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Collection: Decorative Arts



Sparton Table Radio "Normandie" Pitcher Tray or Waiter Flask Cabinet Vase Leg Splint Vase Folding Invalid Chair Cabinet-Secretary Weil-Worgelt Study Century Vase Side Chair (Taburete) Pedestal Vase Corner Chair (Modern Gothic style) Armchair (Egyptian Revival style) Flask Baby Oil Pourer Clock Pepper Shaker Table Salt Shaker Wallpaper and Border Exhibitor Convertible Bed in Form of Upright Piano Coffee Pot Armchair Salt or Pepper Shaker, One of Pair Salt or Pepper Shaker, One of Pair Armchair "Pedestal" Armchair and Seat Cushion Salt Shaker


The decorative arts collection reflects changes in domestic life and design from the seventeenth century to the present. Included are materials ranging from furniture, silver, glass, and ceramics to period rooms and textiles. Although the collections include some European material, their greatest strength is in American objects.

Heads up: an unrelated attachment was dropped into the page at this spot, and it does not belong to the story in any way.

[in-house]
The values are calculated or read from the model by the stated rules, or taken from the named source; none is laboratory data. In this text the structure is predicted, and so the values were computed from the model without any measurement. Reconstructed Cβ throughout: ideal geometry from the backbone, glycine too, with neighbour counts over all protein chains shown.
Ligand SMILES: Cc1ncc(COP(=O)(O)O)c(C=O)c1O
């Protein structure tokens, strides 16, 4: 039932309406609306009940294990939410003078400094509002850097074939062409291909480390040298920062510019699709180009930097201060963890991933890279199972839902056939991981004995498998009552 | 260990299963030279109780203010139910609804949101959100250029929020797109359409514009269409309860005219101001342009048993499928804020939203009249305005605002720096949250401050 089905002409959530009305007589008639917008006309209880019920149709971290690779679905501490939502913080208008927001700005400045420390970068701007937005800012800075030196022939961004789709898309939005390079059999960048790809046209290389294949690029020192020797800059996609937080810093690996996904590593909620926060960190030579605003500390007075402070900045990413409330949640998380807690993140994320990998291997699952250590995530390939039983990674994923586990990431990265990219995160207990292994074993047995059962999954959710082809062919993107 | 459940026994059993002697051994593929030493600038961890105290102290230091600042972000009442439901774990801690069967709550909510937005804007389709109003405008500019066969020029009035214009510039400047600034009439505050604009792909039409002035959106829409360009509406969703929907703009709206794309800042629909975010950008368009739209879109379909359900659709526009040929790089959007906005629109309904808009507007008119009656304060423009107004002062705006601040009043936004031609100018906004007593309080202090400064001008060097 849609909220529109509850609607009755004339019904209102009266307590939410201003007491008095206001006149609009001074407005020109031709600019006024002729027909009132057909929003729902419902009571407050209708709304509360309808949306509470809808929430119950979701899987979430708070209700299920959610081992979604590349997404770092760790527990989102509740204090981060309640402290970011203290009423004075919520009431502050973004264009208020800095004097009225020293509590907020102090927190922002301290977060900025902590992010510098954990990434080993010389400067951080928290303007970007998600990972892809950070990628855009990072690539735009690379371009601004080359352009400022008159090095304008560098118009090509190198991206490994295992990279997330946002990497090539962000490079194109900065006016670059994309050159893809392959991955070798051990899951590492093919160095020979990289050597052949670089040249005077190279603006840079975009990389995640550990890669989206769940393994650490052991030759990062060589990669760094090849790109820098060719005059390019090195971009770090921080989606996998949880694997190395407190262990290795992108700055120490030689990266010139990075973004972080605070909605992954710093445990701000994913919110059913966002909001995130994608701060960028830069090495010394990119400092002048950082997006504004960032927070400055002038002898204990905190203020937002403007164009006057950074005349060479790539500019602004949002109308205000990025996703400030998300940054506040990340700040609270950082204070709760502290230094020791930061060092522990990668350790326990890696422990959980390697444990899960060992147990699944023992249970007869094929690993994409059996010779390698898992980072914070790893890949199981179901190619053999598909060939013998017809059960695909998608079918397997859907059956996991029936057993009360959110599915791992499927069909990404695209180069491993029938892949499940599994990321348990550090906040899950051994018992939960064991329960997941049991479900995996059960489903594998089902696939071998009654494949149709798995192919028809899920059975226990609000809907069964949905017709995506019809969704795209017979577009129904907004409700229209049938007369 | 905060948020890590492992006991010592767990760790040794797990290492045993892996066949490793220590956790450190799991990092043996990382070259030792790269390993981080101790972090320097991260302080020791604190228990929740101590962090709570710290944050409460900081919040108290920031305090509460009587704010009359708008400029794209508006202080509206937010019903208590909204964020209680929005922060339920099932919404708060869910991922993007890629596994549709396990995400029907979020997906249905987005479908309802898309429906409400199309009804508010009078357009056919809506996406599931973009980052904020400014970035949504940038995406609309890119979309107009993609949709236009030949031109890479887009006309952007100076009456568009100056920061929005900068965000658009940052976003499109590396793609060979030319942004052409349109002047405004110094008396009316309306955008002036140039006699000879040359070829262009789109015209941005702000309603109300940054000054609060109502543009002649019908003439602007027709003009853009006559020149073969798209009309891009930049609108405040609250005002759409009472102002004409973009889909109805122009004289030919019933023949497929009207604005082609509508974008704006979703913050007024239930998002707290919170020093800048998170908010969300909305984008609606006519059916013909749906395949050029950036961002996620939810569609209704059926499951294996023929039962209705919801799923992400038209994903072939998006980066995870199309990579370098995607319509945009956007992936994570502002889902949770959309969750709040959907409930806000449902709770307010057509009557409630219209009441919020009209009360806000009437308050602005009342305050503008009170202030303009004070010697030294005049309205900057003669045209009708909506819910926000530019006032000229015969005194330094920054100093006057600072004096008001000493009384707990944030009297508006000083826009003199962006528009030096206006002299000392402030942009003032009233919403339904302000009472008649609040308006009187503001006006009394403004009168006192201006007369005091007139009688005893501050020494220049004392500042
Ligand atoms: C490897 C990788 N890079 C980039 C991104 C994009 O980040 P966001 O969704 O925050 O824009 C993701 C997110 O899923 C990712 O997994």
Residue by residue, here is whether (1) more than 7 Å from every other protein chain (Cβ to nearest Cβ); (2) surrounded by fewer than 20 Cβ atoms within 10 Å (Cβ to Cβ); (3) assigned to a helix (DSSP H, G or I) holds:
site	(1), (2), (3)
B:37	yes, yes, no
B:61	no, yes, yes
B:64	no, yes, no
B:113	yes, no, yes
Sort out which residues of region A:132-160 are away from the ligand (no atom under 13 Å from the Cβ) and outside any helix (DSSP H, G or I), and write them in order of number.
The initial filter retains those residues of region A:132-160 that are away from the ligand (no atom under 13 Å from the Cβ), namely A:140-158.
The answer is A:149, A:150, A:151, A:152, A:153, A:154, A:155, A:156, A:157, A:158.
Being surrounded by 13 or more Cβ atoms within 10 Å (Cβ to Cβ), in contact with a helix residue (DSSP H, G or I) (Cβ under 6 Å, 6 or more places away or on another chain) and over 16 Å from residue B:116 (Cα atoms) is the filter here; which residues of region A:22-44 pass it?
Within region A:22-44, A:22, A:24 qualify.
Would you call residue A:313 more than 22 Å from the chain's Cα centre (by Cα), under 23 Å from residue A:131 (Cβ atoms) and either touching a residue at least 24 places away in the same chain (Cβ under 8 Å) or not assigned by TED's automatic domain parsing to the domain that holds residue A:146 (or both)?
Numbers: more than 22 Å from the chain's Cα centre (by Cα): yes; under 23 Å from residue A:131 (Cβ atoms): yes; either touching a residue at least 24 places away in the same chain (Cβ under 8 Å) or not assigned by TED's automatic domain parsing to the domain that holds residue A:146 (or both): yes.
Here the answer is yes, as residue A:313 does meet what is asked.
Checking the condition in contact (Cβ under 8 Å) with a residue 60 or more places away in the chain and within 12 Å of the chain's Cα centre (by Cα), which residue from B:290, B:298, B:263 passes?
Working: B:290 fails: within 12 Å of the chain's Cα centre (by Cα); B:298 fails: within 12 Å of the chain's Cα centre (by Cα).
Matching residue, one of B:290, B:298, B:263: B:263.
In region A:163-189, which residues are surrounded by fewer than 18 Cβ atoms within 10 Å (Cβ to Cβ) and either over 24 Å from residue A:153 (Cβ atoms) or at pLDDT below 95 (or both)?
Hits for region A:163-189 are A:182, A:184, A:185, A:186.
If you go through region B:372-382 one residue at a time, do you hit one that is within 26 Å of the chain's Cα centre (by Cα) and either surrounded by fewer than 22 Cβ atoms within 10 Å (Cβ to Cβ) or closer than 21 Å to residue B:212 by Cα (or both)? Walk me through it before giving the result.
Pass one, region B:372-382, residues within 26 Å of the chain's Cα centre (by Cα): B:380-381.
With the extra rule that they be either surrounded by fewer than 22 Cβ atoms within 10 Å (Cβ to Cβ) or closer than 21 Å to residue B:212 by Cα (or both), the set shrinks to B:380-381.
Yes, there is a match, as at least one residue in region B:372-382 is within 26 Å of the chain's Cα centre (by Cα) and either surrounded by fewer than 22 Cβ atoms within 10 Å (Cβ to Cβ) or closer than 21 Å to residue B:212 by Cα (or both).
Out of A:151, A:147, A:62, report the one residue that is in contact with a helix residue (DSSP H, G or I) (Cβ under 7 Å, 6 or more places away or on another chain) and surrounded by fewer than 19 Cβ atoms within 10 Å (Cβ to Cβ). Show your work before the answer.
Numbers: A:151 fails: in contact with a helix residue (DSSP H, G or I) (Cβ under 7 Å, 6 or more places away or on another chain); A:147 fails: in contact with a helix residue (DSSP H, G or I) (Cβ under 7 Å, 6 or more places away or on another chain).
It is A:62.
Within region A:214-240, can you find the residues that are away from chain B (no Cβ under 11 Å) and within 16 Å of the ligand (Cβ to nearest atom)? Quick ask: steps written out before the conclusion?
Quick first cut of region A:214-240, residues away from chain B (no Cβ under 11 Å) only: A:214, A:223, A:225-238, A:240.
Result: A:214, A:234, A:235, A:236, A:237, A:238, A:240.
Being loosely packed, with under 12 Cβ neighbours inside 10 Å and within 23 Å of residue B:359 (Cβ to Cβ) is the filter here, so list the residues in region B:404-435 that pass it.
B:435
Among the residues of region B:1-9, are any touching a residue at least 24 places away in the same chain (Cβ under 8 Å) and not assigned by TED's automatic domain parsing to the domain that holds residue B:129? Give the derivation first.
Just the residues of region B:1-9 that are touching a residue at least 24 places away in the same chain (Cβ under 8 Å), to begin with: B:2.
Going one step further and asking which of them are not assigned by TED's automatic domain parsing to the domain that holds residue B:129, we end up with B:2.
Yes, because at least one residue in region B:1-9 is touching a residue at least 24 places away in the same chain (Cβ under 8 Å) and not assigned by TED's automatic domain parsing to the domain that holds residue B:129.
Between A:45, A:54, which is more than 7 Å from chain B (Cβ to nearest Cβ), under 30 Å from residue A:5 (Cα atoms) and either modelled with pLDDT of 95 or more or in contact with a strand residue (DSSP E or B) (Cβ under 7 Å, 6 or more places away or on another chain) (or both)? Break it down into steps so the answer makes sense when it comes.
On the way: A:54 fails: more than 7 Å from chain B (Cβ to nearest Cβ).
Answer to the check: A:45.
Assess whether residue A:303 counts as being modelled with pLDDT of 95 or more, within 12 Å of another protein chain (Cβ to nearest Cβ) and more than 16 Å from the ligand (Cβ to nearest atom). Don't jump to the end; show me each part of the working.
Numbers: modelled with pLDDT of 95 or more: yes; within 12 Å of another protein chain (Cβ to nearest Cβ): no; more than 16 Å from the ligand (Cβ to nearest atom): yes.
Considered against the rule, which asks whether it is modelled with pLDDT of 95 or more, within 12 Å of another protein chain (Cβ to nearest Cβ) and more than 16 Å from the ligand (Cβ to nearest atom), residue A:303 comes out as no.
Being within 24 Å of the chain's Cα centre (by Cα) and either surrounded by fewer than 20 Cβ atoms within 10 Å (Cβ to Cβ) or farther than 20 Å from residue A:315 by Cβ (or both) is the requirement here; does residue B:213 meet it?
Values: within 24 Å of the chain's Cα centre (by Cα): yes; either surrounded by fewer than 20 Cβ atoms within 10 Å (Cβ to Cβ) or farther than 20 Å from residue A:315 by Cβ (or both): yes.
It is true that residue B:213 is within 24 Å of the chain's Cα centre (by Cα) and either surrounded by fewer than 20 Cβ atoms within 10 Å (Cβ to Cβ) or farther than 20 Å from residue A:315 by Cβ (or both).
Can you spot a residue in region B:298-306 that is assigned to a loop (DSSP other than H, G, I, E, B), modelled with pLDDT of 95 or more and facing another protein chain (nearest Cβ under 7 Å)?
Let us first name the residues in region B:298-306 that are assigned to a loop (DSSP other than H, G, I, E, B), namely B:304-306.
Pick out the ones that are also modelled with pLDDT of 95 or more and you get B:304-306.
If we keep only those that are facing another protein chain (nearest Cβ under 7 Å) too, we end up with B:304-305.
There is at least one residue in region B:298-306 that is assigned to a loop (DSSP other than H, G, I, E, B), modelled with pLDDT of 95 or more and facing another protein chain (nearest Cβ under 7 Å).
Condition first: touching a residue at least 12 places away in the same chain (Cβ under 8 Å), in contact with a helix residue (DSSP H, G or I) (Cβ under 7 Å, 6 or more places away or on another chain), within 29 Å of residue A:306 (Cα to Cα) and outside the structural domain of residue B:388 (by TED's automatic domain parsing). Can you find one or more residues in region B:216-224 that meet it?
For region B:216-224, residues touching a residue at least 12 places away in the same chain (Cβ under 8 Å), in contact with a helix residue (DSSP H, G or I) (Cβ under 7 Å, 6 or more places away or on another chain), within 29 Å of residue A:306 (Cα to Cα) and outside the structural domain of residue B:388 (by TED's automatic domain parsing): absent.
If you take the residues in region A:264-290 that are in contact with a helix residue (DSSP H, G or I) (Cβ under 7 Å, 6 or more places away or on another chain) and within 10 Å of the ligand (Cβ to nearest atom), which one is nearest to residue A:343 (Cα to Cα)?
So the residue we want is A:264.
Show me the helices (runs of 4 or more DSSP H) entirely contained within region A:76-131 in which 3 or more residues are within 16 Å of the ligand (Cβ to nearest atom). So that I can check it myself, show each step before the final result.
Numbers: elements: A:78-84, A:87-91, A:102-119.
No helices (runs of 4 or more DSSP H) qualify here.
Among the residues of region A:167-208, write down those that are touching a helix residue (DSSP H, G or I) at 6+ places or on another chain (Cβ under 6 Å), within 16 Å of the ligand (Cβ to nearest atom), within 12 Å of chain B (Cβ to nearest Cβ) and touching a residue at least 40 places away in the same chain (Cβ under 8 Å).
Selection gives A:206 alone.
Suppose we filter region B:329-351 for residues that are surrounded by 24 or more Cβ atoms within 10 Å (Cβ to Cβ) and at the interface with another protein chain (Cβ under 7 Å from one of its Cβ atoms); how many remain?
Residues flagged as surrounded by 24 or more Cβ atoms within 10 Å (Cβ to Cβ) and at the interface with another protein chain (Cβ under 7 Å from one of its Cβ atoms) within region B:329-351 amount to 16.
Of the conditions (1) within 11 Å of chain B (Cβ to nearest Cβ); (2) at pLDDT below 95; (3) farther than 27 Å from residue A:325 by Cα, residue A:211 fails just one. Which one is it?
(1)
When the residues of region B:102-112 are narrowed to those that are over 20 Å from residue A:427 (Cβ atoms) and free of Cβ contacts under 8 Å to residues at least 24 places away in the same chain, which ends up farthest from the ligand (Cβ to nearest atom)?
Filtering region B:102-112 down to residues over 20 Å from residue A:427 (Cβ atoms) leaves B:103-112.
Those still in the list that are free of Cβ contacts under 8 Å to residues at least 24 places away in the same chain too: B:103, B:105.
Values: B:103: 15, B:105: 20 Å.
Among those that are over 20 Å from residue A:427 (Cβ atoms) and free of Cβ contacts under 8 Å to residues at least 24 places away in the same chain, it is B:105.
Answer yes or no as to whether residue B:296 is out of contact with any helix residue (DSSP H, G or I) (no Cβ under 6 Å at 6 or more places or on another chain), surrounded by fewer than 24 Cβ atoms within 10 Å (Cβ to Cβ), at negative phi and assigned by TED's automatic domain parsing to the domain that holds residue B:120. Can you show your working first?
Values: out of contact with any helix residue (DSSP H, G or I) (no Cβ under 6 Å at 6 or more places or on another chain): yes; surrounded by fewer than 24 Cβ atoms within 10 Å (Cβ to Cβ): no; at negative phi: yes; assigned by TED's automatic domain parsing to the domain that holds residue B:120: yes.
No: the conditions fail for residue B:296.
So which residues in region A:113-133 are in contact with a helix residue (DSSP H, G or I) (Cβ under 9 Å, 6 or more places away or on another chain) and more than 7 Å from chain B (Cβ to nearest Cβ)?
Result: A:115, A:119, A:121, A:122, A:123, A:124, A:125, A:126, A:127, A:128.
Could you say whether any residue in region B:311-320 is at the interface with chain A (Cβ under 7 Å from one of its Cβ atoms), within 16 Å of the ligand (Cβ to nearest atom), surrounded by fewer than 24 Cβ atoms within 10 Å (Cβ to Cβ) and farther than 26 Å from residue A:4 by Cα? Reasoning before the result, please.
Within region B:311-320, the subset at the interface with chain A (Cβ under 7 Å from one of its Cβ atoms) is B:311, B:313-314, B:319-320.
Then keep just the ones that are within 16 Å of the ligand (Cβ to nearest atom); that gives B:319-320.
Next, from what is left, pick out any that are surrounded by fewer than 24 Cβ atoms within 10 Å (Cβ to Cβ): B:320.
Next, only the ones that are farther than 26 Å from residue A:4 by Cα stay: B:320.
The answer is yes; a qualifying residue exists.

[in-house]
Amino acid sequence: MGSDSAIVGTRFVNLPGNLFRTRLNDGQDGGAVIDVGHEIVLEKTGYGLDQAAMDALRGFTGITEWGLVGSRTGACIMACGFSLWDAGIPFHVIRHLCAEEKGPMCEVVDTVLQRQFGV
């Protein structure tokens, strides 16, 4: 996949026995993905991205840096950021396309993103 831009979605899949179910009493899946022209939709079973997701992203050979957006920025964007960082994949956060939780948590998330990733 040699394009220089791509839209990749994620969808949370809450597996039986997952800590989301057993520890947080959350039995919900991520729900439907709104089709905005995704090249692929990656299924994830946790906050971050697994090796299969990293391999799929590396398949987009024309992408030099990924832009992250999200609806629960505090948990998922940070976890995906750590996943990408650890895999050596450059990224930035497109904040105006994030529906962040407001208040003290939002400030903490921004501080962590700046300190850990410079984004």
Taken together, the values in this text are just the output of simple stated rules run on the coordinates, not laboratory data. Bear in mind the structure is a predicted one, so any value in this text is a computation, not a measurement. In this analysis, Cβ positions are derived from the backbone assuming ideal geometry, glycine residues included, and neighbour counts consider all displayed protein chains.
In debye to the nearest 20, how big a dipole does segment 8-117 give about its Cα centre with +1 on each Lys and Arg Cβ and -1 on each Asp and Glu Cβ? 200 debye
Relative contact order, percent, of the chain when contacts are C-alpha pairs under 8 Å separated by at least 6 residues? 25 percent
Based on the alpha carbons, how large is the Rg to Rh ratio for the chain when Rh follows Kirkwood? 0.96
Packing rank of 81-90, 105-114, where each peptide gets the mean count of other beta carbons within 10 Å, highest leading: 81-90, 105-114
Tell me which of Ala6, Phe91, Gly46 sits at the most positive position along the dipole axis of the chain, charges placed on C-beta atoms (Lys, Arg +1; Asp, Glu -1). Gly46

The earliest pieces of decorative art to enter the collection were silver spoons that came to the Museum in 1902; these were followed the next year by a number of pieces of European porcelain. With the arrival of Luke Vincent Lockwood, a noted collector and scholar, in 1914, the focus of the collections shifted from Europe to America. In 1915, we acquired our first period room; although there are twenty-six period rooms installed in the Museum, because of ongoing construction only five that date from the mid-nineteenth through the early twentieth century are currently on view. During the 1930s, we began actively exhibiting modern design, focusing on design's relationship to industry.

Our collection of decorative arts is exhibited in our fourth floor galleries and period rooms, and on the fifth floor in the Luce Center for American Art, which includes the Luce Visible Storage • Study Center.

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